Mahfud: [President Wahid] agrees with me that in the case of West Timor there is no need to send a U.N. mission. We already have the necessary laws to handle human rights violations. We have asked for the militia to be disarmed. Maybe they hid some weapons in the jungle, but we are trying to break up the militias.
Now we have to handle the refugees. We will repatriate those who want to go to East Timor, as long as there is a guarantee for their safety. For those who want to stay [in Indonesia] there is a resettlement program. We have set aside land on Wetar Island off the coast of West Timor. We have prepared money for that.
Intelligence sources have told me there are foreign groups involved who want to cause trouble for Indonesia. They don't like the fact that there is still no functional government in East Timor and they want to use Indonesia as a scapegoat for that. We suspect there is an intelligence operation aimed to make Indonesia appear to be in the wrong.
TIME: Whose foreign intelligence service are you suggesting--Australia's?
Mahfud: I don't need to say who, but the international community knows who it is. Even you know and you asked because you have the same hunch.
TIME: Was Suharto behind the latest bombing at the Jakarta stock exchange?
Mahfud: The President [Abdurrahman Wahid] didn't say that directly, but I think he suspects that it was. The President named a few people close to Suharto at the cabinet meeting this morning. I can't say who they were.
TIME: Were they civilians or military?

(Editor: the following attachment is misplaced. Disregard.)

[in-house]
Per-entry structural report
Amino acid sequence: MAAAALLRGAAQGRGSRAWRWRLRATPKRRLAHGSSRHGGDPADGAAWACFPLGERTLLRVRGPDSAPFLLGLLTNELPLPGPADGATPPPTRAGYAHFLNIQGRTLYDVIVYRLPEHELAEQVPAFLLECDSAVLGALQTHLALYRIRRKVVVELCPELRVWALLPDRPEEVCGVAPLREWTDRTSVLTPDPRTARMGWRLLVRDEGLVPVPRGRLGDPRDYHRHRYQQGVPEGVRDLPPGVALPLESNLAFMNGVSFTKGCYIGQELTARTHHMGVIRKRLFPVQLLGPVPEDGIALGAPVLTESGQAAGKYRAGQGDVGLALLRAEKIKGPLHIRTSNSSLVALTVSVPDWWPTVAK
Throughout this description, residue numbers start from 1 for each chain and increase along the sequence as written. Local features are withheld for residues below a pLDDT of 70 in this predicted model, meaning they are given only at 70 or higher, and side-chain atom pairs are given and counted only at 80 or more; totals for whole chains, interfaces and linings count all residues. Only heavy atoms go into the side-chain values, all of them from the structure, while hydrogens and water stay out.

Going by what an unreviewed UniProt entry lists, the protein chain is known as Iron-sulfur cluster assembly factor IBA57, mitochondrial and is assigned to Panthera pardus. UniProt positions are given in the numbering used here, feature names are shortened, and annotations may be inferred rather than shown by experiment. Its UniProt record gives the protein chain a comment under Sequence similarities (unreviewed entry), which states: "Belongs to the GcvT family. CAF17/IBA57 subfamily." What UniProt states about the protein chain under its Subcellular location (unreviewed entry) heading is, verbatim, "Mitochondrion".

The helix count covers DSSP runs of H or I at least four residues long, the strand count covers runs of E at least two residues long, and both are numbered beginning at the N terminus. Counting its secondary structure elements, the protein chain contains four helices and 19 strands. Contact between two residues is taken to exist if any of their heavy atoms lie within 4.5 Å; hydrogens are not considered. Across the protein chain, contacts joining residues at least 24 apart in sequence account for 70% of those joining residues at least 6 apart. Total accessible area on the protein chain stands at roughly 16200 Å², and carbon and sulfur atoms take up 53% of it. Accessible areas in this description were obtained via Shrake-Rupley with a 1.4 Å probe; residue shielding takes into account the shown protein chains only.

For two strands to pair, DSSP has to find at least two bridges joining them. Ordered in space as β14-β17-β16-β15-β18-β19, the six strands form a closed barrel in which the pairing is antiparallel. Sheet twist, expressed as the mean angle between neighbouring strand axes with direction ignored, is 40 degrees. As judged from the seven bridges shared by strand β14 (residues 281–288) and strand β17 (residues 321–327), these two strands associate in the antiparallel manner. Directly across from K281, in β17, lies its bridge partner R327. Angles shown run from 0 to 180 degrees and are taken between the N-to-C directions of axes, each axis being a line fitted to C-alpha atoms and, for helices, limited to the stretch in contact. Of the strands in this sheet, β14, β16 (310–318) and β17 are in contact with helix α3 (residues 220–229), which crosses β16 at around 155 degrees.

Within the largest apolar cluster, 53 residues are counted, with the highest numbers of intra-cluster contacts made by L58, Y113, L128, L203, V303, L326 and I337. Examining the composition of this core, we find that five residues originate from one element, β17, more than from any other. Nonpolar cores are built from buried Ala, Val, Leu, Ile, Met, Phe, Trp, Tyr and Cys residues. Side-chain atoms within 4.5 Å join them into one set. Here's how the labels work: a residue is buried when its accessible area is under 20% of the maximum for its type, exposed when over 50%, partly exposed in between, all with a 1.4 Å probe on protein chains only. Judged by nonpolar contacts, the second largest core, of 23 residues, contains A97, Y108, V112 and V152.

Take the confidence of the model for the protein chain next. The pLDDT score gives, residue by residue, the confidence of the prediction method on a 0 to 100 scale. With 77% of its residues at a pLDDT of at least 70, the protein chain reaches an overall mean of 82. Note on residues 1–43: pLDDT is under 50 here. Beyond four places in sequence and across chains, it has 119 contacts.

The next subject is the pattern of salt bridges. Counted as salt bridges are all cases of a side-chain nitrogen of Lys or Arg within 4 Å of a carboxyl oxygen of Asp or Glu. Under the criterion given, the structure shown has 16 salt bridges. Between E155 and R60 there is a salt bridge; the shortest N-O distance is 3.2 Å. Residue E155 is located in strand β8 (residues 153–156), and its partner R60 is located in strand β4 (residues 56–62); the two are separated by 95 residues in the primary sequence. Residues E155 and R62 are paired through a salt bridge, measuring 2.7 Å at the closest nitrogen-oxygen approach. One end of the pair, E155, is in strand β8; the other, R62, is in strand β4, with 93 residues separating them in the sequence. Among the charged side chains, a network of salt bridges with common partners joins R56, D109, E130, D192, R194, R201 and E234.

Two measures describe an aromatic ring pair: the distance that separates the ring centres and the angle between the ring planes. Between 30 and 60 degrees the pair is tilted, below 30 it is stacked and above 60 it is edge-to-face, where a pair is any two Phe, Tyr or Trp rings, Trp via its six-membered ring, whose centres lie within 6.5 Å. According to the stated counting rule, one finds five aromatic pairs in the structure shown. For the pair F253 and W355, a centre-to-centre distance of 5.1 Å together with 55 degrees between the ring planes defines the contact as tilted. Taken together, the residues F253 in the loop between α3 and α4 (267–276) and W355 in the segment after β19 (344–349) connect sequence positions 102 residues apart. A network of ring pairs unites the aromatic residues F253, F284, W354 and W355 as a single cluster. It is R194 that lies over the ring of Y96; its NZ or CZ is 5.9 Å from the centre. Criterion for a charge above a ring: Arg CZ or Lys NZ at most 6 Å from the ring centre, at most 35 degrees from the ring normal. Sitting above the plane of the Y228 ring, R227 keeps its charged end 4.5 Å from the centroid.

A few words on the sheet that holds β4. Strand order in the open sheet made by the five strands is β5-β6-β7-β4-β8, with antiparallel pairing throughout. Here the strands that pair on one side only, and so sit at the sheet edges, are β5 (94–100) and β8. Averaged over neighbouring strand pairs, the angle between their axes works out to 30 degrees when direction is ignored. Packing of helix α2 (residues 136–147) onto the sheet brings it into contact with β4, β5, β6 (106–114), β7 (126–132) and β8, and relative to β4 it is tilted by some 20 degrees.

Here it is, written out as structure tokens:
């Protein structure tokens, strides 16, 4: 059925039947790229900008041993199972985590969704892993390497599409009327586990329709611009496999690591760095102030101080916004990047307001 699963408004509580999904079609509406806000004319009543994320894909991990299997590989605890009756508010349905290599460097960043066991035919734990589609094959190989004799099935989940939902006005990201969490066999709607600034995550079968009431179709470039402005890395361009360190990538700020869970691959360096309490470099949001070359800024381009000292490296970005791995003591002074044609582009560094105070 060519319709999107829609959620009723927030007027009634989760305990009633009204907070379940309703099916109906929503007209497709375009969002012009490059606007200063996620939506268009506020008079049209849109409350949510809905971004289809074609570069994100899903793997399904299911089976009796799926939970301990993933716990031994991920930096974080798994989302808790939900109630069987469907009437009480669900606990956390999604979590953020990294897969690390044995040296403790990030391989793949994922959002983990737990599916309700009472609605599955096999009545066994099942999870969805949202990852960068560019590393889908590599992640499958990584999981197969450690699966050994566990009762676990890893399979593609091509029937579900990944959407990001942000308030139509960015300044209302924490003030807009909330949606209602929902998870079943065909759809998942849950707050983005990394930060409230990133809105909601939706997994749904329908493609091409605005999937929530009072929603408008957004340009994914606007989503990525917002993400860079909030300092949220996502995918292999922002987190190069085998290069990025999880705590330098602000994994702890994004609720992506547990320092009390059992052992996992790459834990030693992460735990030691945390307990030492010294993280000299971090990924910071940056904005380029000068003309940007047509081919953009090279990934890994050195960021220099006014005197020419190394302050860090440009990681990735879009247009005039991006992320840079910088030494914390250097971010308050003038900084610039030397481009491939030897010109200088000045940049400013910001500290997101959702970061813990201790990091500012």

Mahfud: Civilians. But he suspects the military have also been involved in the other bombings up to now.
TIME: Is former army chief General Wiranto involved in destabilizing the government?
Mahfud: No. I believe once a military man has lost his position, then his access to power is not as strong as before. It is people who are still in power who are the problem.
TIME: Are politicians a bigger problem than the military?
Mahfud: There are problems from all sides--members of the old government, military who are involving themselves in politics and regular politicians. There is never a sole reason for the disturbances, it is always complex.
TIME: With all the problems in Maluku, Aceh, Papua, West Timor--is it possible that Indonesia could break up?
Mahfud: We still believe things can be brought under control. But we have a problem. We want to exercise our sovereignty, but the international community is singling us out as violators of human rights. In the last three years the international community has been dictating to us a lot. We must keep our sovereignty.
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